A good-standards Kitemark scheme for garages is still struggling to reach a double-figure membership nine months after launch, but big changes should be on the way.
The British Standards Institute says it has been hard at work behind the scenes with key players in the workshop industry to generate greater interest in the Kitemark scheme, which it launched in September 2005.
While just six more garages have been awarded the Kitemark scheme since the initial three in January this year, the BSI says a wave of workshops will soon join.
Although the BSI won't put a timescale on the increased uptake, the Unipart chain is keen to push its garages through the scheme, while fleet owner Arval PHH is also insisting any workshop that works on its cars must sign up.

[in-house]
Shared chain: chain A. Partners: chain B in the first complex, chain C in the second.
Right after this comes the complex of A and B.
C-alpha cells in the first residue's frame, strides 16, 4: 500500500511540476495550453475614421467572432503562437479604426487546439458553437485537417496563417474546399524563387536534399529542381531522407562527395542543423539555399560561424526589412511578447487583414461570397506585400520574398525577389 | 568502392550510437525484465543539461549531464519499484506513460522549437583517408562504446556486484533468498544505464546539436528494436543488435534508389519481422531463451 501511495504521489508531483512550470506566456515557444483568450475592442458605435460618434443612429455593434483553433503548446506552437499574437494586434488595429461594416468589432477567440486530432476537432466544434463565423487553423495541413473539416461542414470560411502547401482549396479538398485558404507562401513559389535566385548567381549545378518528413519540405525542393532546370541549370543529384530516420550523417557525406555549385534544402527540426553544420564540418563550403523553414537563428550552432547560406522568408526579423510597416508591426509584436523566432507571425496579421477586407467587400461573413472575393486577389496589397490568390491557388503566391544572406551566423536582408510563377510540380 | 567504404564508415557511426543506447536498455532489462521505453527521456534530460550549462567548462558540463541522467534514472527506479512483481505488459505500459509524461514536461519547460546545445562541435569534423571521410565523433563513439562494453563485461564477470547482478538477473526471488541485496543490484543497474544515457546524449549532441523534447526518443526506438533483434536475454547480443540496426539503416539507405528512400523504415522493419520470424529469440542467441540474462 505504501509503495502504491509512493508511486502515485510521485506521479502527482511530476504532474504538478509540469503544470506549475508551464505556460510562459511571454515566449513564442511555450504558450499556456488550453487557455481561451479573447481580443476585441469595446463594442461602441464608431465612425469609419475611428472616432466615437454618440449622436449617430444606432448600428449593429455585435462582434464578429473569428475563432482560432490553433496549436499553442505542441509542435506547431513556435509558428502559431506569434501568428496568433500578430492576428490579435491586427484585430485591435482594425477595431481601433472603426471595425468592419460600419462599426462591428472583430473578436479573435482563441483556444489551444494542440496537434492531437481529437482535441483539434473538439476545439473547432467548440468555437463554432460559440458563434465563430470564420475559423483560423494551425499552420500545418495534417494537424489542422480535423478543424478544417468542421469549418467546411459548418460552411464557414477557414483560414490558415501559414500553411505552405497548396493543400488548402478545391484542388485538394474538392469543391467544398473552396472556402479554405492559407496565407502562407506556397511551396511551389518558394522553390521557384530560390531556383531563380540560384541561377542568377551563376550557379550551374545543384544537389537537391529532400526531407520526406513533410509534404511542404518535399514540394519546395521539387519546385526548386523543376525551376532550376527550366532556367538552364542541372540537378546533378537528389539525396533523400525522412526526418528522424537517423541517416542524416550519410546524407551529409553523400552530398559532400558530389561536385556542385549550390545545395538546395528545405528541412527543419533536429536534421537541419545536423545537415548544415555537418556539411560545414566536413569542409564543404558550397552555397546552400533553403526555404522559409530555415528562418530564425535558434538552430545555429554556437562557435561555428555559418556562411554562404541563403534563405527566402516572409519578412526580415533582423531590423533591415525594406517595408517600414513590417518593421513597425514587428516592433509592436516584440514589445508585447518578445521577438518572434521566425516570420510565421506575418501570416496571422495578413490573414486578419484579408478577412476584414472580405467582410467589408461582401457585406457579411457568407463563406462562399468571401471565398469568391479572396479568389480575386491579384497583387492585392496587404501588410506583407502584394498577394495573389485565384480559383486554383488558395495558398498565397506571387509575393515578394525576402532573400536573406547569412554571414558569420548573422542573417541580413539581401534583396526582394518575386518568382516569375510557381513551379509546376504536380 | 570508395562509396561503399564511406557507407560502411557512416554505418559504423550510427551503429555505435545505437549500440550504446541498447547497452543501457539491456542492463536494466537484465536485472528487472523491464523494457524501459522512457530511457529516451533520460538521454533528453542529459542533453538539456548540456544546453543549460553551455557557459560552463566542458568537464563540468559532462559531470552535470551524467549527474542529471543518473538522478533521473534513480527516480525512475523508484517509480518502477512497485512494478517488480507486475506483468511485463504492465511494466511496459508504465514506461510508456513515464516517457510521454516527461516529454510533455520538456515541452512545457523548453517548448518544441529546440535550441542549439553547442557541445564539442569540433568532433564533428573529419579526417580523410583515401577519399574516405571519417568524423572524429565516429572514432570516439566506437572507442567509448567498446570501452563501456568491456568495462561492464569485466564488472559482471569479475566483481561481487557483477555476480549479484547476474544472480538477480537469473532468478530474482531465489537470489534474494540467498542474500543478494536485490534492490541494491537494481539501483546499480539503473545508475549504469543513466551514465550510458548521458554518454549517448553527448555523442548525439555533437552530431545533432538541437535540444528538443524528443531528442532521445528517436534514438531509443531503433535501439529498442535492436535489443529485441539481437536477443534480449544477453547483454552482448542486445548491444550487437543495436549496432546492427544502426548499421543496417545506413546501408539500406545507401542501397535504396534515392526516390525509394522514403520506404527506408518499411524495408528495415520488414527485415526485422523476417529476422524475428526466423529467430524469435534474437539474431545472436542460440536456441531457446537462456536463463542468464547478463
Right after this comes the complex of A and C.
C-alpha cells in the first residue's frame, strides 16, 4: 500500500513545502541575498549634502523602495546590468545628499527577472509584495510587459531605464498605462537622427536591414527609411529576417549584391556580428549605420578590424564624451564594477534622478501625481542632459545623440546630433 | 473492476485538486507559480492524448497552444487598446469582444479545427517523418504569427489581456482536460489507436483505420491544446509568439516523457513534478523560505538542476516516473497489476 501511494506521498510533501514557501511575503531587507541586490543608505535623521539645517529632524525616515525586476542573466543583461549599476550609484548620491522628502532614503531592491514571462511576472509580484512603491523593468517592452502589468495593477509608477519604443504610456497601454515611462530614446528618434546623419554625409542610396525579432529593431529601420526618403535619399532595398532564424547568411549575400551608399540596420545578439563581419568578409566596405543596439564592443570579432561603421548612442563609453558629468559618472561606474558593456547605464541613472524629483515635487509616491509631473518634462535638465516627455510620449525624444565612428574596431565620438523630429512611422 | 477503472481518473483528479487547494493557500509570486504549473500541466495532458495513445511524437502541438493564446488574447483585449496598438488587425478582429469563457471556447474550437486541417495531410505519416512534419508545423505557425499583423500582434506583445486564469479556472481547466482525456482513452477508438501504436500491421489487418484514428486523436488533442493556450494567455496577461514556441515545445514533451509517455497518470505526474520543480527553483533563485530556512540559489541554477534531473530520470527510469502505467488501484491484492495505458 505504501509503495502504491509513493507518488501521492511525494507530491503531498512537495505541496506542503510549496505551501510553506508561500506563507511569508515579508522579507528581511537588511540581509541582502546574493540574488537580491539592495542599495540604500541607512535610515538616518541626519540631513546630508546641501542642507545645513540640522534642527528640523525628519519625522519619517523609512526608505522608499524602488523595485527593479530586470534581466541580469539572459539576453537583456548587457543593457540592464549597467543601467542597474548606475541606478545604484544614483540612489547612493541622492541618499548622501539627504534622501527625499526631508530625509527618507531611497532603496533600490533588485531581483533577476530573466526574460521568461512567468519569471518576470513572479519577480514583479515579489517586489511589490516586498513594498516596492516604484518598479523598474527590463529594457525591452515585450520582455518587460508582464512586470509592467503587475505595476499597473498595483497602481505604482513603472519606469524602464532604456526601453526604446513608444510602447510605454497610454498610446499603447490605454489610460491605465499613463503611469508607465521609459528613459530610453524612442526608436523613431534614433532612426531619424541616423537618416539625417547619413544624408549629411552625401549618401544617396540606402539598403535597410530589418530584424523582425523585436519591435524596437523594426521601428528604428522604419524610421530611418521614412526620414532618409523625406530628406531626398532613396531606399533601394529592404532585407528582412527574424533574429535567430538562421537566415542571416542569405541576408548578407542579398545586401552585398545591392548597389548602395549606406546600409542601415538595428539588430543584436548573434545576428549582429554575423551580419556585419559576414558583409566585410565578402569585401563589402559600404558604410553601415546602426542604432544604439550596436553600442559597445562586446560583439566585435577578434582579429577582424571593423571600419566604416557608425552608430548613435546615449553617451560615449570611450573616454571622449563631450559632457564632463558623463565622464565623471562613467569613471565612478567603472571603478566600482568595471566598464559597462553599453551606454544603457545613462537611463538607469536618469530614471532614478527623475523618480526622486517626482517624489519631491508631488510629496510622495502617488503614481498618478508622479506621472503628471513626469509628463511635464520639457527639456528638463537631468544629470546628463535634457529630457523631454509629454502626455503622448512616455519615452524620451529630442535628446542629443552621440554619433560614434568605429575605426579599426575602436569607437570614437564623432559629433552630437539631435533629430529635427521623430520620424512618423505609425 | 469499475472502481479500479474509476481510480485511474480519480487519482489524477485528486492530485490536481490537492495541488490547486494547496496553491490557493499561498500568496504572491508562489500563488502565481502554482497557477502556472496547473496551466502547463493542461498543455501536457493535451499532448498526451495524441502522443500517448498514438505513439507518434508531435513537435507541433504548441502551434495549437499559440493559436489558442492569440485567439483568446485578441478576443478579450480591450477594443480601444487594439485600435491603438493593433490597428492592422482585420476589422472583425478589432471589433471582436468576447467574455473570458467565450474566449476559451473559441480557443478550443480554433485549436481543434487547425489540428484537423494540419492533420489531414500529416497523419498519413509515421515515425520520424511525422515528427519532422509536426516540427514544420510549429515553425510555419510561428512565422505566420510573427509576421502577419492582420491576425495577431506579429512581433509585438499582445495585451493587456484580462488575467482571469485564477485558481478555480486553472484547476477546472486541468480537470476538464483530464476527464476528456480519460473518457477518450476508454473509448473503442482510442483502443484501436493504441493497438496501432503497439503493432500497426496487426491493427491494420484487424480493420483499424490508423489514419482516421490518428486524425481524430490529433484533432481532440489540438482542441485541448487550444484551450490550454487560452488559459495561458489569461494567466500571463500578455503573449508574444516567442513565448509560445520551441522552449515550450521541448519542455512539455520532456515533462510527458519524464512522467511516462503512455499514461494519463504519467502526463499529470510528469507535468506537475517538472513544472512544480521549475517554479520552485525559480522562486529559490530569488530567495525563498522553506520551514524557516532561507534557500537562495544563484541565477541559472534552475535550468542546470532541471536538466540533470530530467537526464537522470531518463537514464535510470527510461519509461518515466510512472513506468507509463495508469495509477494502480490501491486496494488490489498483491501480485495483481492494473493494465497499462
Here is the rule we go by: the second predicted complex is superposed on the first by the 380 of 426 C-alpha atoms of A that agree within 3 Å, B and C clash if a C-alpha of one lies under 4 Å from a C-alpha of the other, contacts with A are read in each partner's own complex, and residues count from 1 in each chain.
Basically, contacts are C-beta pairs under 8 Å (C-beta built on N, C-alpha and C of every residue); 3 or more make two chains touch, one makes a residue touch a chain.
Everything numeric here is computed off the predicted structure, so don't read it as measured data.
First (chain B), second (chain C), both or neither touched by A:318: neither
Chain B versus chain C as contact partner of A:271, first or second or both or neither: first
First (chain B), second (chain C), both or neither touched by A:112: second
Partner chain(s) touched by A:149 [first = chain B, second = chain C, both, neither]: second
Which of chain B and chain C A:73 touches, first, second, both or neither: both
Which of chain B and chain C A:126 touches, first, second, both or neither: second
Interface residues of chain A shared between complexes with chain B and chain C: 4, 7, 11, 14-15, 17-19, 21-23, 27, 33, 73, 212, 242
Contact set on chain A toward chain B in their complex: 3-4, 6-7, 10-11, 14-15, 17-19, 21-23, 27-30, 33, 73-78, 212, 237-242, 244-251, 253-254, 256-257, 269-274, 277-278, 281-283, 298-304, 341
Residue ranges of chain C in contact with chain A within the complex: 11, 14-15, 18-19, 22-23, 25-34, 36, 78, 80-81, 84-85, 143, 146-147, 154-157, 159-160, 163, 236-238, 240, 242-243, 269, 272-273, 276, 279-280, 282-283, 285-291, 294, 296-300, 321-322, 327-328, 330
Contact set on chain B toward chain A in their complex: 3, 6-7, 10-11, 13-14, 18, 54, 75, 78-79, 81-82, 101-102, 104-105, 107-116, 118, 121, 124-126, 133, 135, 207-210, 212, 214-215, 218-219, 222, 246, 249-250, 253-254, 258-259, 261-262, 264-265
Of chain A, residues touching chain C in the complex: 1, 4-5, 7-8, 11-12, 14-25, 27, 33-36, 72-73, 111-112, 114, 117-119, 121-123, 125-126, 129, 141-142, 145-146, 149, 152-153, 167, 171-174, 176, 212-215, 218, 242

The Kitemark scheme tests garages on the quality of their work so motorists can be sure of a decent standard of service. It is a major reason for the stay of execution which the National Consumer Council granted the workshop industry recently.
The NCC had originally given the £10 billion-a-year service and repair industry until March 2006 to show that it could mend its ways. Now the NCC has given the industry until September '07 to get its house in order. If it can't the NCC will launch push the Department of Trade and Industry to formally license the industry, a threat the Government originally made in 2002.
Other schemes aimed at improving workshop standards also in the pipeline include a code of conduct put forward by the Society of Motor Manufacturers and Traders.
Although a row recently erupted between the SMMT and the Retail Motor Industry Federation, which represents around 9000 of the UK's 25,000 garages, insiders say the two key groups are now acting together once again.
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